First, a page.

According to the Mahavamsa, Prince Vijaya was the son of Sinhabahu, who was born of a union between a sinha (lion) and a human princess (hence Sinhala or the lion race). Vijaya’s arrival with his band of 700 followers in Sri Lanka, the Mahavamsa says, was preceded by three visits of the Buddha, during which the latter rid the island of evil spirits and consecrated it. Thus, it was to an island consecrated by the Buddha himself that Vijaya arrived. Indeed, he set foot on the island the day the Buddha attained Nirvana. The link this myth makes between Buddhism, the Sinhalese race and the island is evident. What is more, the Mahavamsa speaks of the Sinhalese as a “chosen race,” Buddha having selected them to preserve and protect Buddhism. “In Lanka shall my teachings be established and flourish,” it quotes the Buddha as saying. Consequently, the Sinhalese see themselves as the Defenders of the Faith.

More pernicious in its impact on inter-ethnic and religious relations is the Mahavamsa’s telling of a battle between the Sinhalese king Duttugamini and the Tamil king Ellara. Duttugamini is said to have defeated and killed Ellara. What was a political conflict (before taking on Ellara, Duttugamini fought 32 kings, several of whom were Sinhalese) is depicted in the Mahavamsa as an ethnic one, underscoring the point that Sinhalese-Tamil enmity is several millennia old.

Importantly, the Mahavamsa portrays this as a religious conflict. Duttugamini went to war carrying a spear with a relic of Buddha and was accompanied by 500 ascetic monks, it says. At the end of the war, eight arrahants (Buddha’s enlightened disciples) dismiss Duttugamini’s remorse by claiming that only one and a half human beings were killed, these being one who embraced Buddhism and another who accepted the five precepts of Buddhism. Non-Buddhists are thus portrayed in the Mahavamsa as less than human, deserving of a violent death.

While the perception of the island as belonging to the Sinhalese-Buddhists and of asinhala (un-Sinhala) and abaudha (un-Buddhist) as “outsiders,” even less than human can be traced to the Mahavamsa’s myth-embellished telling of history, it is Buddhist revivalists like Anagarika Dharmapala (1864-1933) who encouraged violence against the “outsider.”

Buddhist revivalism surged during colonial rule. The target of Dharmapala’s mobilization was the island’s religious minorities, especially Christians who under colonial rule enjoyed social and economic privileges. He drew attention to their alleged misdeeds. “Christianity and polytheism [i.e. Hinduism] are responsible for the vulgar practices of killing animals, stealing, prostitution, licentiousness, lying and drunkenness,” he said in a speech.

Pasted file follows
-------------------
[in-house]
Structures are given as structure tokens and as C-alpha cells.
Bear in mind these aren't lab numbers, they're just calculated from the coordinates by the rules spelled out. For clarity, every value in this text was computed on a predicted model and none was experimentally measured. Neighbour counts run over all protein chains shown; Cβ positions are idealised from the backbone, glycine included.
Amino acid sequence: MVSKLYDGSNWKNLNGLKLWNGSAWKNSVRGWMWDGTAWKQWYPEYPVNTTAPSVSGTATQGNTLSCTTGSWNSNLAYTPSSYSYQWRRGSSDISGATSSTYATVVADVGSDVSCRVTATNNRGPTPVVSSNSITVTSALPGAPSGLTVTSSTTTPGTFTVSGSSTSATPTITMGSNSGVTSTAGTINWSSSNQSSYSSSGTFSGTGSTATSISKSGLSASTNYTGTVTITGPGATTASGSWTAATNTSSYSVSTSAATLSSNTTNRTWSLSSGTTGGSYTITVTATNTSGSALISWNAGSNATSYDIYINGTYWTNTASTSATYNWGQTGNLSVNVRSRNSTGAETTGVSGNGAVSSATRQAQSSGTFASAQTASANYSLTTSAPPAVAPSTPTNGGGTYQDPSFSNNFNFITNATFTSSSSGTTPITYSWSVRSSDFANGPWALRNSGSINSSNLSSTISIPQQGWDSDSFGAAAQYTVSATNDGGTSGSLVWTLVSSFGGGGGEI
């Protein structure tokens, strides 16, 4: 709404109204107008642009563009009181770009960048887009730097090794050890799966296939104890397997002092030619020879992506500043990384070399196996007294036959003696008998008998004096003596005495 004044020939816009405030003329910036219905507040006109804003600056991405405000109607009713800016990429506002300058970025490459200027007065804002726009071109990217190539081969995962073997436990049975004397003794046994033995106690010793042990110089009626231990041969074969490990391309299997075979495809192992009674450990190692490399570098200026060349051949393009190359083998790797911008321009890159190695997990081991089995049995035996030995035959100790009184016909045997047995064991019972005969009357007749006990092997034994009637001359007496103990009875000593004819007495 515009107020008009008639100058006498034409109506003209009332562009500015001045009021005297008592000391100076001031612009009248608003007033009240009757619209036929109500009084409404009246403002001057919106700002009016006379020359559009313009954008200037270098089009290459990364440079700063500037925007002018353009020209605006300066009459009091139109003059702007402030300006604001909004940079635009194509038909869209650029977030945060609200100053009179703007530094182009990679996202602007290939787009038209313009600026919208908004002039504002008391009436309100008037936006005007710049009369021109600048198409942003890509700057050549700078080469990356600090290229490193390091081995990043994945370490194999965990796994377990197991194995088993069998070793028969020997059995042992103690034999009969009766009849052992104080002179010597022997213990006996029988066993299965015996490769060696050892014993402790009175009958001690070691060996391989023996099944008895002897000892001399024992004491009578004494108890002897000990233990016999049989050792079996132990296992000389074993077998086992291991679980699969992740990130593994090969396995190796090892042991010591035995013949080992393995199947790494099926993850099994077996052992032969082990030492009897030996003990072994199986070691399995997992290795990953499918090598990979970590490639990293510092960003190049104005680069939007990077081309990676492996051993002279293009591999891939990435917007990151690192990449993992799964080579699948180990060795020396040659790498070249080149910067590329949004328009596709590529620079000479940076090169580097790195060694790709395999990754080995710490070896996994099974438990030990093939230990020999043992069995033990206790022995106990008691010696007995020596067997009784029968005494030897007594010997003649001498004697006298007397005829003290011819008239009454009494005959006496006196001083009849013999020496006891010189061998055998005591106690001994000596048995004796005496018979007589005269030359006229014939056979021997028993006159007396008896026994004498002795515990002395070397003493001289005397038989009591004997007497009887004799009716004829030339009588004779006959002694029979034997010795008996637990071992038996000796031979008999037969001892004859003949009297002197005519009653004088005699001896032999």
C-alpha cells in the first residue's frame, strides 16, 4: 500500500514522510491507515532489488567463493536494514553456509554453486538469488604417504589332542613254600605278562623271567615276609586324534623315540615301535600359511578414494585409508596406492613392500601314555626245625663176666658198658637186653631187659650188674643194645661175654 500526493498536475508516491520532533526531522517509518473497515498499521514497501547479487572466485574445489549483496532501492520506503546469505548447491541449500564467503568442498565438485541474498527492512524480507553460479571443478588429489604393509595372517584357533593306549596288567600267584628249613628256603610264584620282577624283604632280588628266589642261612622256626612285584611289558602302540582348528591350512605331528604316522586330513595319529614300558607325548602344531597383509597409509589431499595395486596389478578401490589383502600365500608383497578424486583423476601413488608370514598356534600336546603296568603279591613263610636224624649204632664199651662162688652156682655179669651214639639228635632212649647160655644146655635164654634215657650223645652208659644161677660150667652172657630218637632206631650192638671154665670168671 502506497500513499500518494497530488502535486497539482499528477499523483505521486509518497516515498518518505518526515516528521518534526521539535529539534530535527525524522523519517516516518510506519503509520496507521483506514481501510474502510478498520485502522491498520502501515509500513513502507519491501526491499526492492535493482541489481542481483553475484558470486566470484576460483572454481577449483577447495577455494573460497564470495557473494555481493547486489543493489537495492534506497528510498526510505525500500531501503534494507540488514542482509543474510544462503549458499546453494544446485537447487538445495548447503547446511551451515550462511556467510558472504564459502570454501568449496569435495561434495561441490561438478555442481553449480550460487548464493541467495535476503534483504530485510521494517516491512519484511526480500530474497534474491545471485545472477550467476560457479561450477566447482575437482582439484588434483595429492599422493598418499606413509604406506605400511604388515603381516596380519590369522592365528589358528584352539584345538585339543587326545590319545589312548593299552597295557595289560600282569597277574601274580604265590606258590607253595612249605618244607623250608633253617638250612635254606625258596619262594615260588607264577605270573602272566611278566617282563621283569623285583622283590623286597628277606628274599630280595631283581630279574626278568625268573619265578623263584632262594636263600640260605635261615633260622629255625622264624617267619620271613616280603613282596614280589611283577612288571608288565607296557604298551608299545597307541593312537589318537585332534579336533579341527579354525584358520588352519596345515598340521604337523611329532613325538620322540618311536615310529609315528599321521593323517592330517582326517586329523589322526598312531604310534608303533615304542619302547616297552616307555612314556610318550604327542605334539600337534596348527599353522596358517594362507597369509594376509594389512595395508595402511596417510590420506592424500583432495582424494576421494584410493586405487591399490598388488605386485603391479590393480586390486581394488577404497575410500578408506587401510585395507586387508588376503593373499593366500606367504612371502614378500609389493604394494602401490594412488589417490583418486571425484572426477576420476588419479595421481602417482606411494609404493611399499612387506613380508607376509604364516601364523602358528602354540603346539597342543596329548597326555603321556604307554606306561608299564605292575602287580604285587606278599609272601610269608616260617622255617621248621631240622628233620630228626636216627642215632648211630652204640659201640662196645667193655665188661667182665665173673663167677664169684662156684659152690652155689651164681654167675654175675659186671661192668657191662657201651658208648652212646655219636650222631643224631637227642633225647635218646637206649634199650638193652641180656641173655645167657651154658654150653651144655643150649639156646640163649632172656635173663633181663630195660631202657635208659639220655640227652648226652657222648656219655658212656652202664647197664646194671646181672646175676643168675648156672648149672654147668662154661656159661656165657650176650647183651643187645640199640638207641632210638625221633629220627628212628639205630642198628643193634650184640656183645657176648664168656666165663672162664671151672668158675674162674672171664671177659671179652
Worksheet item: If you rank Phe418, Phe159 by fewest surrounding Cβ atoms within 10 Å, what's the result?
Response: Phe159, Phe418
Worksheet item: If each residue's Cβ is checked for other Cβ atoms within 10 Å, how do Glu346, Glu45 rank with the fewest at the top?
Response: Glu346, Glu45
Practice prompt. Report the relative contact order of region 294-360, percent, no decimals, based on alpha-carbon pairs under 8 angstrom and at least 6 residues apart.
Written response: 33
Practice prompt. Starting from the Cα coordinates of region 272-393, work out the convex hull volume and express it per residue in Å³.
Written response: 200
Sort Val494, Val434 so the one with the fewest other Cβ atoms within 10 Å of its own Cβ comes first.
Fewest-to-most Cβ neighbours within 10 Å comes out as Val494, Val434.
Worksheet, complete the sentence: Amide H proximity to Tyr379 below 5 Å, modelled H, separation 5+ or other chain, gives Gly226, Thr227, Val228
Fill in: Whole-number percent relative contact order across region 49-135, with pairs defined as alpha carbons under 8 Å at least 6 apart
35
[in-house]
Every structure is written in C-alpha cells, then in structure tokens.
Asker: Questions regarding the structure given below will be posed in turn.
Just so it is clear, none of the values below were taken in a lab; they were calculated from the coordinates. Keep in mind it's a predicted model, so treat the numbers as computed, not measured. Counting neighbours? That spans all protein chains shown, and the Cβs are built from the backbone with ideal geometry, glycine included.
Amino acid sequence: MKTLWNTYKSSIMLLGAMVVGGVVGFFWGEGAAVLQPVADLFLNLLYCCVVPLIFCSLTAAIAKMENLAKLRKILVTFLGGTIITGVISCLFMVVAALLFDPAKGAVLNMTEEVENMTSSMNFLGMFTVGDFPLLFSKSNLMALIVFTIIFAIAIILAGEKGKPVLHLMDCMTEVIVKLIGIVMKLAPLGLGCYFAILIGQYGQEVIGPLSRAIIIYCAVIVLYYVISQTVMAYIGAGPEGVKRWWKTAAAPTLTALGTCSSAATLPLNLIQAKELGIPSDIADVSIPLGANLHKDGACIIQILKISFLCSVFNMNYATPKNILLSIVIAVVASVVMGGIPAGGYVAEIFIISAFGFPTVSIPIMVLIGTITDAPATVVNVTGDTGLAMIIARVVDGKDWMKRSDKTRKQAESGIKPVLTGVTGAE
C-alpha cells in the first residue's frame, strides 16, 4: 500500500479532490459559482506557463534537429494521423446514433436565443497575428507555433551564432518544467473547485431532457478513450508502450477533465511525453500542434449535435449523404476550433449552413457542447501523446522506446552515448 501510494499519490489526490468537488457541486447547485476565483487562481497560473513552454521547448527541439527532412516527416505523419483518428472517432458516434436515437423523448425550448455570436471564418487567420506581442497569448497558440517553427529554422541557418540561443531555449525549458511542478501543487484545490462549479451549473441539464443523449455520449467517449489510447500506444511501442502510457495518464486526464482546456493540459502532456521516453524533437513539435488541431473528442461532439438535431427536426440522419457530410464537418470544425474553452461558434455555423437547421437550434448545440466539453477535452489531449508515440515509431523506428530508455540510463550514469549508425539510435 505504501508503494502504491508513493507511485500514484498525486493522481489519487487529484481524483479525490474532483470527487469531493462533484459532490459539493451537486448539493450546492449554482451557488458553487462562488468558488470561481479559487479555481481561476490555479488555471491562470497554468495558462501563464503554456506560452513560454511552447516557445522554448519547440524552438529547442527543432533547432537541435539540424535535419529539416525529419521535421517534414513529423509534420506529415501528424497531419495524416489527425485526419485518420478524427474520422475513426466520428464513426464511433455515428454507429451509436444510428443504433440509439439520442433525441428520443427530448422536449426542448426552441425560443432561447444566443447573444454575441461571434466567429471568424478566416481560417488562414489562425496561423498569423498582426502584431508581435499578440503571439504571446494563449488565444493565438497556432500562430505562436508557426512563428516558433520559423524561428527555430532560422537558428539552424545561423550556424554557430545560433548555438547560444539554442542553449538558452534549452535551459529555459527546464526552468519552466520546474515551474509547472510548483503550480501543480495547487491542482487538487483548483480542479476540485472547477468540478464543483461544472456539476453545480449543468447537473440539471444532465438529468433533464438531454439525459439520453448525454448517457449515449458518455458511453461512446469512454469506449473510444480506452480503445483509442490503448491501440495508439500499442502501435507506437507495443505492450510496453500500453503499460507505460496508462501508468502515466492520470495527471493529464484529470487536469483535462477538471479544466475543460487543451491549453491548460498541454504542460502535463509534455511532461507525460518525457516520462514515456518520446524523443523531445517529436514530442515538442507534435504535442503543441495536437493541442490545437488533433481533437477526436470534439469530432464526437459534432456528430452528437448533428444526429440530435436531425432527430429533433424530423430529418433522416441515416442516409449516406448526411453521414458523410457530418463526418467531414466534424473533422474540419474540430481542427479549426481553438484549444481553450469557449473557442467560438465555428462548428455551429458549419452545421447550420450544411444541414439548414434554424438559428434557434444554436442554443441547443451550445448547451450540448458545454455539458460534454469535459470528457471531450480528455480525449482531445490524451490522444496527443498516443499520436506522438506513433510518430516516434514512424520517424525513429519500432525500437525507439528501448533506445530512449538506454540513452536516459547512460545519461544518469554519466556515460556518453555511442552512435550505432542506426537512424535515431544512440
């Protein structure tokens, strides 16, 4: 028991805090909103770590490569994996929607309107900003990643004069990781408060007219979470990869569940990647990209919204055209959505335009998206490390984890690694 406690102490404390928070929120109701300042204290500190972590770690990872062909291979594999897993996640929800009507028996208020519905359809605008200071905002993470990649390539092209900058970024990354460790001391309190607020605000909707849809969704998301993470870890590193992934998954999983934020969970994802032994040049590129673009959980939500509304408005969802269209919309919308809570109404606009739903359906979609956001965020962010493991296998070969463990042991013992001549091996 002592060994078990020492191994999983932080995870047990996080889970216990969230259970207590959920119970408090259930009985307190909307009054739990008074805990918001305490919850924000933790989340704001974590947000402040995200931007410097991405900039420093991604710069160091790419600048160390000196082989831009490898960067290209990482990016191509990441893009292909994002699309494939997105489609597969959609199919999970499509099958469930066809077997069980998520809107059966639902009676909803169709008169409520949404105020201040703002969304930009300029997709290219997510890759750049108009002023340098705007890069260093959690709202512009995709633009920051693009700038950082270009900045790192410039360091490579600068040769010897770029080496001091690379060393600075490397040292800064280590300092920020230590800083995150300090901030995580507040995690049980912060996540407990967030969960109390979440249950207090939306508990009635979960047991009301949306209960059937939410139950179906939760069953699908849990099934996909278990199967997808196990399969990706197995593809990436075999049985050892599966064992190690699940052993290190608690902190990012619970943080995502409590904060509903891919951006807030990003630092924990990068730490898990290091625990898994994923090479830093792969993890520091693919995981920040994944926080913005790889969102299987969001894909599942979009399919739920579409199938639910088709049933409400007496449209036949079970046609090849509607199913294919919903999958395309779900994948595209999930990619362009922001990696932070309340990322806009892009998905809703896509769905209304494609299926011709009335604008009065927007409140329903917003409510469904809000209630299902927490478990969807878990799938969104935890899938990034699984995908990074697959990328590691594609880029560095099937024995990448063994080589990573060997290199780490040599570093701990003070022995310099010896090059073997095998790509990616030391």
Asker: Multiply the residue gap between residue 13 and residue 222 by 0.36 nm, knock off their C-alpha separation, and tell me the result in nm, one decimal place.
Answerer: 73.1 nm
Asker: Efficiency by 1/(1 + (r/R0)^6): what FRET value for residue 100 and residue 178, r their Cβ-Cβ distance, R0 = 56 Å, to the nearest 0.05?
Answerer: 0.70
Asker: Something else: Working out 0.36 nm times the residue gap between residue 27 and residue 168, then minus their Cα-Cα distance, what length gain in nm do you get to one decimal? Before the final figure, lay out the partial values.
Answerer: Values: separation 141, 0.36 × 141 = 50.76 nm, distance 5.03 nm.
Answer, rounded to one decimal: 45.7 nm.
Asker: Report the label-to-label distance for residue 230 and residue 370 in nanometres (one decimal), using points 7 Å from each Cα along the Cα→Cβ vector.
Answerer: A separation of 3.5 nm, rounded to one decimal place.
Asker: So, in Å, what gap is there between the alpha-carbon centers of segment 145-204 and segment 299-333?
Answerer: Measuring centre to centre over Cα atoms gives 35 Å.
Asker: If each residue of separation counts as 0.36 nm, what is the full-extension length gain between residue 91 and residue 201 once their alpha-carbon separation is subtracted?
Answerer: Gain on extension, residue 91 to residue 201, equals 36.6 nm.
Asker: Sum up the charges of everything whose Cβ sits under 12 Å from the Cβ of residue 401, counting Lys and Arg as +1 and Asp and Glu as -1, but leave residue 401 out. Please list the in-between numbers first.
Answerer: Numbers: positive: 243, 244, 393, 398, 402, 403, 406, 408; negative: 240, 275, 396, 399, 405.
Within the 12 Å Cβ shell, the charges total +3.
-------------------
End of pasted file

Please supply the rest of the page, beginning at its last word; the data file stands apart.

In the early 20th century, it was the Muslims, who dominated business and trade, who came under fire from the Buddhist revivalists.

“The Muhammedans, an alien people … by Shylockian methods became prosperous like the Jews. The Sinhalese sons of the soil, whose ancestors for 2,358 years had shed rivers of blood to keep the country free from alien invaders, are in the eyes of the British only vagabonds,” Dharmapala wrote in 1915. His writing in Sinhala Bauddhaya and that of Piyadasa Sirisena in Sinhala Jathiya inflamed anti-Muslim passions in the island, culminating in anti-Muslim riots that year.

Following the riots, Dharmapala hailed the violence. “The peaceful Sinhalese have at last shown that they can no longer bear the insult of the alien,” he wrote. “The whole nation in one day has risen against the Moor [Muslims] people.”

Dharmapala’s influence survives. Similar sentiments are being articulated in Sri Lanka today. Only now, the “threat” posed by religious minorities is couched in the language of terrorism and extremism. “We are concerned about Muslim extremism,” Withanage told The Diplomat, explaining the BBS’ perception of Muslims.

The rampaging mobs do not constitute the majority on the island. It is the support they enjoy from the government that empowers them. The BBS allegedly enjoys the support of President Mahinda Rajapaksa’s brother Gotabhaya, who is Sri Lanka’s Defence secretary.

Besides, “the government is working in tandem with extremist Buddhist organizations to Buddhistize Sri Lanka,” the trader said. While officials of the government’s Department of Archaeology identify and cordon off land as “Buddhist areas” (even if a mosque, church or temple stands on it), the mobs unleash violence to clear the area of non-Buddhists, he alleged.

There have been attacks too targeting the places of worship of the island’s Christians and Hindus, as well.

While it is the shrill discourse emanating from the hardliners that has captured media attention, there are several ongoing efforts to build religious tolerance in Sri Lanka. Several candle-light vigils and public rallies opposing religious extremism are being held, as are inter-faith dialogues. Significantly, it is Sinhalese-Buddhists that constitute the bulk of these initiatives, signaling that extremism does not define the community, only a vocal section of it.

Dr. Sudha Ramachandran is an independent journalist/researcher based in Bangalore, India. She writes on South Asian political and security issues and can be contacted at [email protected]